Horsin’ Around 10-18-10 | TheFencePost.com

Horsin’ Around 10-18-10

The other day I visited a woman who has spent her life with horses, from barrel racing as a young girl to training race horses. Along the way she has made a study of how to keep their legs sound. Along with the visit, she blew my mind at what I did not know.

Gail Meisner is a member of the American Quarter Horse Association has served on the RMQH Board for 20 years, and has written many articles about keeping horses healthy by working with their legs. My first visit with her just blew my mind as she told me about wrapping the front legs of a horse and watching for signs of lameness.

The first thing was how to correctly wrap. I learned not to just use a vet wrap on a leg; you should place padding on first and then use a wrap to hold it in place. Then wrap it so that it will not slip down. When wrapping, be sure to wrap from the inside-out, and don’t start on the deep flexor tendon because this pulls the tendon around and can cause it to flex at an angle and cause soreness and damage.

I learned that we wrap for a number of reasons. One is to draw out soreness by using a poultice sweat, liniment or alcohol or to tighten the leg. But there are times when we need to cool the legs using mineral ice or a poultice. The poultice I observed Gail using was not wrapped but a special gradient that just stayed on when applied.

There is no way I could absorb all the information given to me in such a short time. Moreover, I would like to attend one of Gail’s clinics and take notes on what she used. The one thing I did remember was that the old cowboy way of treating my horse when I am finished competing is not a good way. The old cowboy way is to just get your horse out of the trailer, unsaddle and turn them out. I need to begin taking better care of their legs after a hard riding.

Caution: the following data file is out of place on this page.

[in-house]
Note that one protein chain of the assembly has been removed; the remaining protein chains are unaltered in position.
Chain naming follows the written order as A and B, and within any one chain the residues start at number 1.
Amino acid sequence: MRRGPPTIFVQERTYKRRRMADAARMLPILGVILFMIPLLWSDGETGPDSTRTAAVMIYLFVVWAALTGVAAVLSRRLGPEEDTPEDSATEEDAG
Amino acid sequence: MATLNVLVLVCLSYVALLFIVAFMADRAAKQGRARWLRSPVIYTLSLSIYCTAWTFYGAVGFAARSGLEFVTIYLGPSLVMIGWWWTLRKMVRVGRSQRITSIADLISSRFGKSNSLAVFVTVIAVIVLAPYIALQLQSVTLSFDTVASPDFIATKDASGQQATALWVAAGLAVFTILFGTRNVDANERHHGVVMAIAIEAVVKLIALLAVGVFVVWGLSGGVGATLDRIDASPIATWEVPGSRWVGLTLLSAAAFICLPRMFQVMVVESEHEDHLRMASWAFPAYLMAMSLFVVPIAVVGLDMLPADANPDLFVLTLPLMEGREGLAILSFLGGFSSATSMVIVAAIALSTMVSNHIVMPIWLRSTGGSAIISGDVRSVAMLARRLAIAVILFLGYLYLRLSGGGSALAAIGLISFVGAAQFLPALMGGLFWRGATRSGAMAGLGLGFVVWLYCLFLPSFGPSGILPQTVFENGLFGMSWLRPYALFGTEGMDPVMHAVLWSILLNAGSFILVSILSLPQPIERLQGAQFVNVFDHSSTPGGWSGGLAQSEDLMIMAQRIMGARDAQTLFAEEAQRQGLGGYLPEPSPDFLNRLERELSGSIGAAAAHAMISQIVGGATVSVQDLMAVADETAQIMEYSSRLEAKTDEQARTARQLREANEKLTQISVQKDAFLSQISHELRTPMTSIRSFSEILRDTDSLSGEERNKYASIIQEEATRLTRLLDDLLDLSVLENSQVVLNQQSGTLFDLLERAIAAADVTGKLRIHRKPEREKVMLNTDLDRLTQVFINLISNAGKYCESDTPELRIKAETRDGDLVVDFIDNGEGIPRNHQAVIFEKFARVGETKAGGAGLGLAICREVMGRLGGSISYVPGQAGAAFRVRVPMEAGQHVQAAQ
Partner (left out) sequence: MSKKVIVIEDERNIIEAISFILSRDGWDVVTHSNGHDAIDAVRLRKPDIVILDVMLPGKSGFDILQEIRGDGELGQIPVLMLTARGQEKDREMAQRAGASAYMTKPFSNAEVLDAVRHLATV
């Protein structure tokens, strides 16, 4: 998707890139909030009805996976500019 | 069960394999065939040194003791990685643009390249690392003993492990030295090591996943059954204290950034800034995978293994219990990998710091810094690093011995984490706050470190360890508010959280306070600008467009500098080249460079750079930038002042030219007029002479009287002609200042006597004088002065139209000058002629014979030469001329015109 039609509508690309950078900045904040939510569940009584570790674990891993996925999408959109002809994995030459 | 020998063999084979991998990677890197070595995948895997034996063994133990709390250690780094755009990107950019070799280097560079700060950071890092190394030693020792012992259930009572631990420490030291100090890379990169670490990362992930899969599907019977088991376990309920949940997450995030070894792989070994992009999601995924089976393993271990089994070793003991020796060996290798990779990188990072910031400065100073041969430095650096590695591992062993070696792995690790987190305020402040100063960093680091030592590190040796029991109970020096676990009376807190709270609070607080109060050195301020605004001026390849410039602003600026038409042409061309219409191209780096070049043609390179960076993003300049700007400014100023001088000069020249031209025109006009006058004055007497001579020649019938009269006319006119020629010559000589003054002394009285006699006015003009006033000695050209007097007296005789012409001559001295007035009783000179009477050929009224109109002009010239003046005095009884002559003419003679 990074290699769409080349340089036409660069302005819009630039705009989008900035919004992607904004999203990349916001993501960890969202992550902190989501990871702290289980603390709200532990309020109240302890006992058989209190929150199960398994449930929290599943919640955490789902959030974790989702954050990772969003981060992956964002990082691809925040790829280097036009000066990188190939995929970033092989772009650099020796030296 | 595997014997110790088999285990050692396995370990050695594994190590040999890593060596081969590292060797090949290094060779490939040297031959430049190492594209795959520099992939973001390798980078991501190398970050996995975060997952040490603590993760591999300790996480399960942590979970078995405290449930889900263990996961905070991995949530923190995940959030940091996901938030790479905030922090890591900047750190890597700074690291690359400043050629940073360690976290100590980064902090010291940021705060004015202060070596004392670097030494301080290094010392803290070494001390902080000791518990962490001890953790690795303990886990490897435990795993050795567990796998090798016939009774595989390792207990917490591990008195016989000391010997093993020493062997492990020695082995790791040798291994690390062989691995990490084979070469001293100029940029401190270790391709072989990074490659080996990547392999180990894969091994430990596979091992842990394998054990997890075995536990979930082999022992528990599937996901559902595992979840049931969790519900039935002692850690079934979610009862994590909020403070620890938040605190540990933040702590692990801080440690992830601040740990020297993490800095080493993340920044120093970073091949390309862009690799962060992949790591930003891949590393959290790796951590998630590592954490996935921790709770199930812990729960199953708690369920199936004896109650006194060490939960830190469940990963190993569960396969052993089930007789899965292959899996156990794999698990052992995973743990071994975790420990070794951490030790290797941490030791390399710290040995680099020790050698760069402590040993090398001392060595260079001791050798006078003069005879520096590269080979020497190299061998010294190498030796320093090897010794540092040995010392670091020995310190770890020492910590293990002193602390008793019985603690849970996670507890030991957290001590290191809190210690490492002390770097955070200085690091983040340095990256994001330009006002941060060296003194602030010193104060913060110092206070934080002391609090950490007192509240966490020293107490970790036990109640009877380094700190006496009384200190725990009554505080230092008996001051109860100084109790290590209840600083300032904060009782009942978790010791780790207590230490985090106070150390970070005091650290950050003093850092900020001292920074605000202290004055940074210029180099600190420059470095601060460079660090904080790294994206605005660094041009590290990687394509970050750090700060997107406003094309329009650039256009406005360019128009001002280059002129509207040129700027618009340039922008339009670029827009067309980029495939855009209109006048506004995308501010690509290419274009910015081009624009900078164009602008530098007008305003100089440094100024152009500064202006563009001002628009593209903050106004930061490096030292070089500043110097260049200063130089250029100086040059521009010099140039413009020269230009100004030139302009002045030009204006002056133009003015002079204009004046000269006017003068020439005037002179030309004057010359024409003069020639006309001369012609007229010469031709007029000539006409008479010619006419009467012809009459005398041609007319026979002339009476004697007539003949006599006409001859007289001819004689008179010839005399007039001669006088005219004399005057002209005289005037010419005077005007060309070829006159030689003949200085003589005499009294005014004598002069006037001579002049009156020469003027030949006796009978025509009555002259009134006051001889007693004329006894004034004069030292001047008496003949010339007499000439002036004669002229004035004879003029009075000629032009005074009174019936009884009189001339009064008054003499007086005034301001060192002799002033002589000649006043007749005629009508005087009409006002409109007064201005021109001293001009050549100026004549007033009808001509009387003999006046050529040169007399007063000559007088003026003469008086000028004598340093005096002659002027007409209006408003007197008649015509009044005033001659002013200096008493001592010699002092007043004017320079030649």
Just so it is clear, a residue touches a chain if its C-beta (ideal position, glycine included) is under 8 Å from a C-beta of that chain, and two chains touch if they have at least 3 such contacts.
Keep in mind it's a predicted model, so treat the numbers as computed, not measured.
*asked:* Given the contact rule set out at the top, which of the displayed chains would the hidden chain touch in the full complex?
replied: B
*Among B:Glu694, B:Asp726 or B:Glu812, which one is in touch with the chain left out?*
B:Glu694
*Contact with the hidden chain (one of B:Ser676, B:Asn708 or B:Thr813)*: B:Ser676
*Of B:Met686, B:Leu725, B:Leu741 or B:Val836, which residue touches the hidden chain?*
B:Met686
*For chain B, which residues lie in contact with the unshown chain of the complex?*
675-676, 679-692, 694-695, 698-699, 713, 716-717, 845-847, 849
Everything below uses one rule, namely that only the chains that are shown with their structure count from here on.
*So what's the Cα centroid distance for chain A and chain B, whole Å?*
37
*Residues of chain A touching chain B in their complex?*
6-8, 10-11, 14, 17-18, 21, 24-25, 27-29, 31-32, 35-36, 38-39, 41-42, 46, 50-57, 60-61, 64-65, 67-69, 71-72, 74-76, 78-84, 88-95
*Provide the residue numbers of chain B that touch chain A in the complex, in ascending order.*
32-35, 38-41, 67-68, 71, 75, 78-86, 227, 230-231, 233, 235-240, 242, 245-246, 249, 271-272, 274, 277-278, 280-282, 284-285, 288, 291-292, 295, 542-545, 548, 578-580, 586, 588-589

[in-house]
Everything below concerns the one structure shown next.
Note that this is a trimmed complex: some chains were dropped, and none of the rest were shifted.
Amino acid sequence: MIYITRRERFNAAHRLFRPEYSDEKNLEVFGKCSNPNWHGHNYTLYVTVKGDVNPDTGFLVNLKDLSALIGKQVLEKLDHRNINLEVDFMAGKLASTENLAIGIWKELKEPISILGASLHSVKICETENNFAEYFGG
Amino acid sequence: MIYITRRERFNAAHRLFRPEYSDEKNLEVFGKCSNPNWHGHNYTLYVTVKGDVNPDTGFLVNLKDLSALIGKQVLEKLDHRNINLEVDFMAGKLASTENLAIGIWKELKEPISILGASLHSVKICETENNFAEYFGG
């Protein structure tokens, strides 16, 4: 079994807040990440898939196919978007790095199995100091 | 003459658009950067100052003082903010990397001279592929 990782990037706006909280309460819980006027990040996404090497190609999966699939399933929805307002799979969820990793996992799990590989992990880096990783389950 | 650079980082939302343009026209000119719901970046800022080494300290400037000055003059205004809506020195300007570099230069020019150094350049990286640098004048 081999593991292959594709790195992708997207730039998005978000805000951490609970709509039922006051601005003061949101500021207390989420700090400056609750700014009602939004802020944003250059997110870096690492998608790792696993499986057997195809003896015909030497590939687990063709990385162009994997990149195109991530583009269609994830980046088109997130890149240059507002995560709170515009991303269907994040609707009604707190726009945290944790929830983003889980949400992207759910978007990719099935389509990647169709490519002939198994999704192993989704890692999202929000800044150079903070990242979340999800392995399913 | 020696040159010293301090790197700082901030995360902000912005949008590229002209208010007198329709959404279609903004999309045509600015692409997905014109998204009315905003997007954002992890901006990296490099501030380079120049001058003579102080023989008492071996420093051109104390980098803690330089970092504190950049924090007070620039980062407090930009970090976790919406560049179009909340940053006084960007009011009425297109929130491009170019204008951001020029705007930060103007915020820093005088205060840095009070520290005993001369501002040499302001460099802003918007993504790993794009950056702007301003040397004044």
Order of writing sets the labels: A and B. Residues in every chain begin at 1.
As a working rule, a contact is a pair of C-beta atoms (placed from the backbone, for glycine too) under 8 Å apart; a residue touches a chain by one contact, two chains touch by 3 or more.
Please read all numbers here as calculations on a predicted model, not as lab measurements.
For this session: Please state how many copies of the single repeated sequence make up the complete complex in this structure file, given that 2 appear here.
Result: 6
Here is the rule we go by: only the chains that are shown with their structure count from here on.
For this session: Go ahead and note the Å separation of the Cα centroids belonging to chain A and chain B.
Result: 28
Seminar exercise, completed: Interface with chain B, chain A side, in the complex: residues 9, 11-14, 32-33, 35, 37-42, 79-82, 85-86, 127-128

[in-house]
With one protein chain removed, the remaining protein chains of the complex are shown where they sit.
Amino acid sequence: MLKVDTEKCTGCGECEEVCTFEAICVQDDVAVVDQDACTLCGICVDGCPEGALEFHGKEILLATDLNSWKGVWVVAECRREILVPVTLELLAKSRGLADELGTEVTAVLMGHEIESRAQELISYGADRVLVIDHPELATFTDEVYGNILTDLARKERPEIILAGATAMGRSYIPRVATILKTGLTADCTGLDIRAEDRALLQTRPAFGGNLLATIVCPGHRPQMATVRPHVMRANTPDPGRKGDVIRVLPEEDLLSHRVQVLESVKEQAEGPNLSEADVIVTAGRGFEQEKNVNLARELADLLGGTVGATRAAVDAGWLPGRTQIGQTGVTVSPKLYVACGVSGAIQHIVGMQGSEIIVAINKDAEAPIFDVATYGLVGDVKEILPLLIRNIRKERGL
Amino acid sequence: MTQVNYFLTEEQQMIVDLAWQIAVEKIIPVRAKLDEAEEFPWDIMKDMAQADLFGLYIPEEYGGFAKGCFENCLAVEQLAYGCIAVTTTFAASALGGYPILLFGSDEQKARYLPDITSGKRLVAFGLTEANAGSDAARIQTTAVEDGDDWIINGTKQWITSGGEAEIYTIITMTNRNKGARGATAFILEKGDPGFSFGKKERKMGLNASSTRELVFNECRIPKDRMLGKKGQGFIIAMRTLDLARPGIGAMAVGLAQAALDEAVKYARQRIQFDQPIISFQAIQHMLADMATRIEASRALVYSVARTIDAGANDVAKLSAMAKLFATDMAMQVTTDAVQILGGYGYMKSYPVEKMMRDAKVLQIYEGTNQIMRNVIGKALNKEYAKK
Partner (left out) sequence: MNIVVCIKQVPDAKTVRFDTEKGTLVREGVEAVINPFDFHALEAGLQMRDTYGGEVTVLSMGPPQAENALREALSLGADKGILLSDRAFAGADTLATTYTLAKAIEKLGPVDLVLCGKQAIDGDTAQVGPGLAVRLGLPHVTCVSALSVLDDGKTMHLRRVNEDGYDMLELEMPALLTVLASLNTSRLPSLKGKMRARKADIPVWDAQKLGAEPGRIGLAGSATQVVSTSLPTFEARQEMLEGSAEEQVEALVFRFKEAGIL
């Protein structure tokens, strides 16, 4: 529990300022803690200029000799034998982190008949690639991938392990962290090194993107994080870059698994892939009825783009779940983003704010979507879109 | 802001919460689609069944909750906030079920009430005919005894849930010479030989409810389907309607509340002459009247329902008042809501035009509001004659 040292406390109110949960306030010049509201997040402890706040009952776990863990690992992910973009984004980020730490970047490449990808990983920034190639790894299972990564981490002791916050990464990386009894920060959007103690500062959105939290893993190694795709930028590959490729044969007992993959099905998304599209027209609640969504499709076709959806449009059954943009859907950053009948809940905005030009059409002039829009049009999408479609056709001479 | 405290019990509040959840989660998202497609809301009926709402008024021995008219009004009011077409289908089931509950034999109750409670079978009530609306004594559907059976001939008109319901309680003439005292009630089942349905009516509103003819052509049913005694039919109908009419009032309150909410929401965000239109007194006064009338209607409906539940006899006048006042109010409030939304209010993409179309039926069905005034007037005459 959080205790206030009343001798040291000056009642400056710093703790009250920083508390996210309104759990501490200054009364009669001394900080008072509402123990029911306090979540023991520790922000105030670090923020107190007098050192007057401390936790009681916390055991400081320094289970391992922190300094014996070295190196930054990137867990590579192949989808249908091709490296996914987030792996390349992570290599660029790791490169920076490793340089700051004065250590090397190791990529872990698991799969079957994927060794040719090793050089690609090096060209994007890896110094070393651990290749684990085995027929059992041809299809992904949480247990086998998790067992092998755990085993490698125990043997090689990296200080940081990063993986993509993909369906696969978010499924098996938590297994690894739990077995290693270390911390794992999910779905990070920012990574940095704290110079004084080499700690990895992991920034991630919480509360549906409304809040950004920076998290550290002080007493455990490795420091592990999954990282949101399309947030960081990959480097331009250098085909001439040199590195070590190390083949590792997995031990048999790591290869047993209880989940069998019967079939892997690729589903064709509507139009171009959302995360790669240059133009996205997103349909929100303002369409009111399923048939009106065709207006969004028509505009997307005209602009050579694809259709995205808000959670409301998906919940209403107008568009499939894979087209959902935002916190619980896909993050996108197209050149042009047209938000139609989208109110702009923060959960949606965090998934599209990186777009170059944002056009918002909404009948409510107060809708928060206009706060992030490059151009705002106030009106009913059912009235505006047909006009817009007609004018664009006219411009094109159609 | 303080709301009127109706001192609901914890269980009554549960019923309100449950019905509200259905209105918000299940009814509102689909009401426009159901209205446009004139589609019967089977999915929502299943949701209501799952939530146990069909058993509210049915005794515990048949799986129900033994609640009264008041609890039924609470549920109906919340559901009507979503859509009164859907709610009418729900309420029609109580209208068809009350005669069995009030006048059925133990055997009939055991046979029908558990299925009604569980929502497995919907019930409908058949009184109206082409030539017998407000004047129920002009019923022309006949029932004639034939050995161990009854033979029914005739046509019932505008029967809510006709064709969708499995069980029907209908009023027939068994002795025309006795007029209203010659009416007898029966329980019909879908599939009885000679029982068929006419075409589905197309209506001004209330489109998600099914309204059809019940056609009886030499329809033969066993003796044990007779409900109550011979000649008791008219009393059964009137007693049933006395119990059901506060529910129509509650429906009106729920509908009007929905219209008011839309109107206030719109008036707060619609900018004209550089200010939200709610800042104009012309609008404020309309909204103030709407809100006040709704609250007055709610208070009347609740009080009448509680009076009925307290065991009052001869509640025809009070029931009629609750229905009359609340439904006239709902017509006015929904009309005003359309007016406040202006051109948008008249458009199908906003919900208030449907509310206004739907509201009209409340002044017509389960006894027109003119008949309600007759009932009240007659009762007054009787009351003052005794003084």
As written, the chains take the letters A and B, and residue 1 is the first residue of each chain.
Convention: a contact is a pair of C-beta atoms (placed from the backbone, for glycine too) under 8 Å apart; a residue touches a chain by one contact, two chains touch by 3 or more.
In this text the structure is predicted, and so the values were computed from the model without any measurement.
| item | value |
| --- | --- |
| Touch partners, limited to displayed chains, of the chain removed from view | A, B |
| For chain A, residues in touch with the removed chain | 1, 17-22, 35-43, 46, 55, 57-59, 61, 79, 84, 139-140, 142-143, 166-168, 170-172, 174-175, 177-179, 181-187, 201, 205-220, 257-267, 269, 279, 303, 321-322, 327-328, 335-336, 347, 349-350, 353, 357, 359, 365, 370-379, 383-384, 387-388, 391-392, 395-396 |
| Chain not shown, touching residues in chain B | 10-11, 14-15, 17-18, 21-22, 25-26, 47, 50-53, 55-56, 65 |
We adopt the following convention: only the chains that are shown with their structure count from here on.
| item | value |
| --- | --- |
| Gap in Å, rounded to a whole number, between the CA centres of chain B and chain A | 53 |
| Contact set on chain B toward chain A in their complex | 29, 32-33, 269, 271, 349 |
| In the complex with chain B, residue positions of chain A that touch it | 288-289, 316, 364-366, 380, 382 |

Gail’s clinics teach to locate early signs of serious injuries before they occur. How to safely wrap legs with polo wraps, standing wraps and running wraps. Race horse leg remedies to prevent injuries and to restore soundness. How to condition and warm-up to prevent injury. And behavior changes are usually due to early signs of injury and how to diagnose those signs.

Gail hands out a sheet of paper with each class of things we need to know:

• We can bow a tendon from wrapping the wrong direction.

• We can blister a horse from improper sweating.

• We can bow a horse from using vet wrap without cotton underneath.

• Vet wrap should never be left on for a length of time.

• Vet wrap is good to stop bleeding, not for wrapping.

• Mixing leg paints can blister a horse, even from mixing medication on a wrap.

• If you need an Advil or Ibuprofen, your horse sometimes also needs something.

Gail Meisner had received many awards throughout her life. I have never been interested in race horses even though I understand the people in the business and good horse people. However, I am interested in leg health for competitive horses.


Prior to his retirement, Roger Thompson was a CHA certified instructor of advanced Western horsemanship and beginning English riding.

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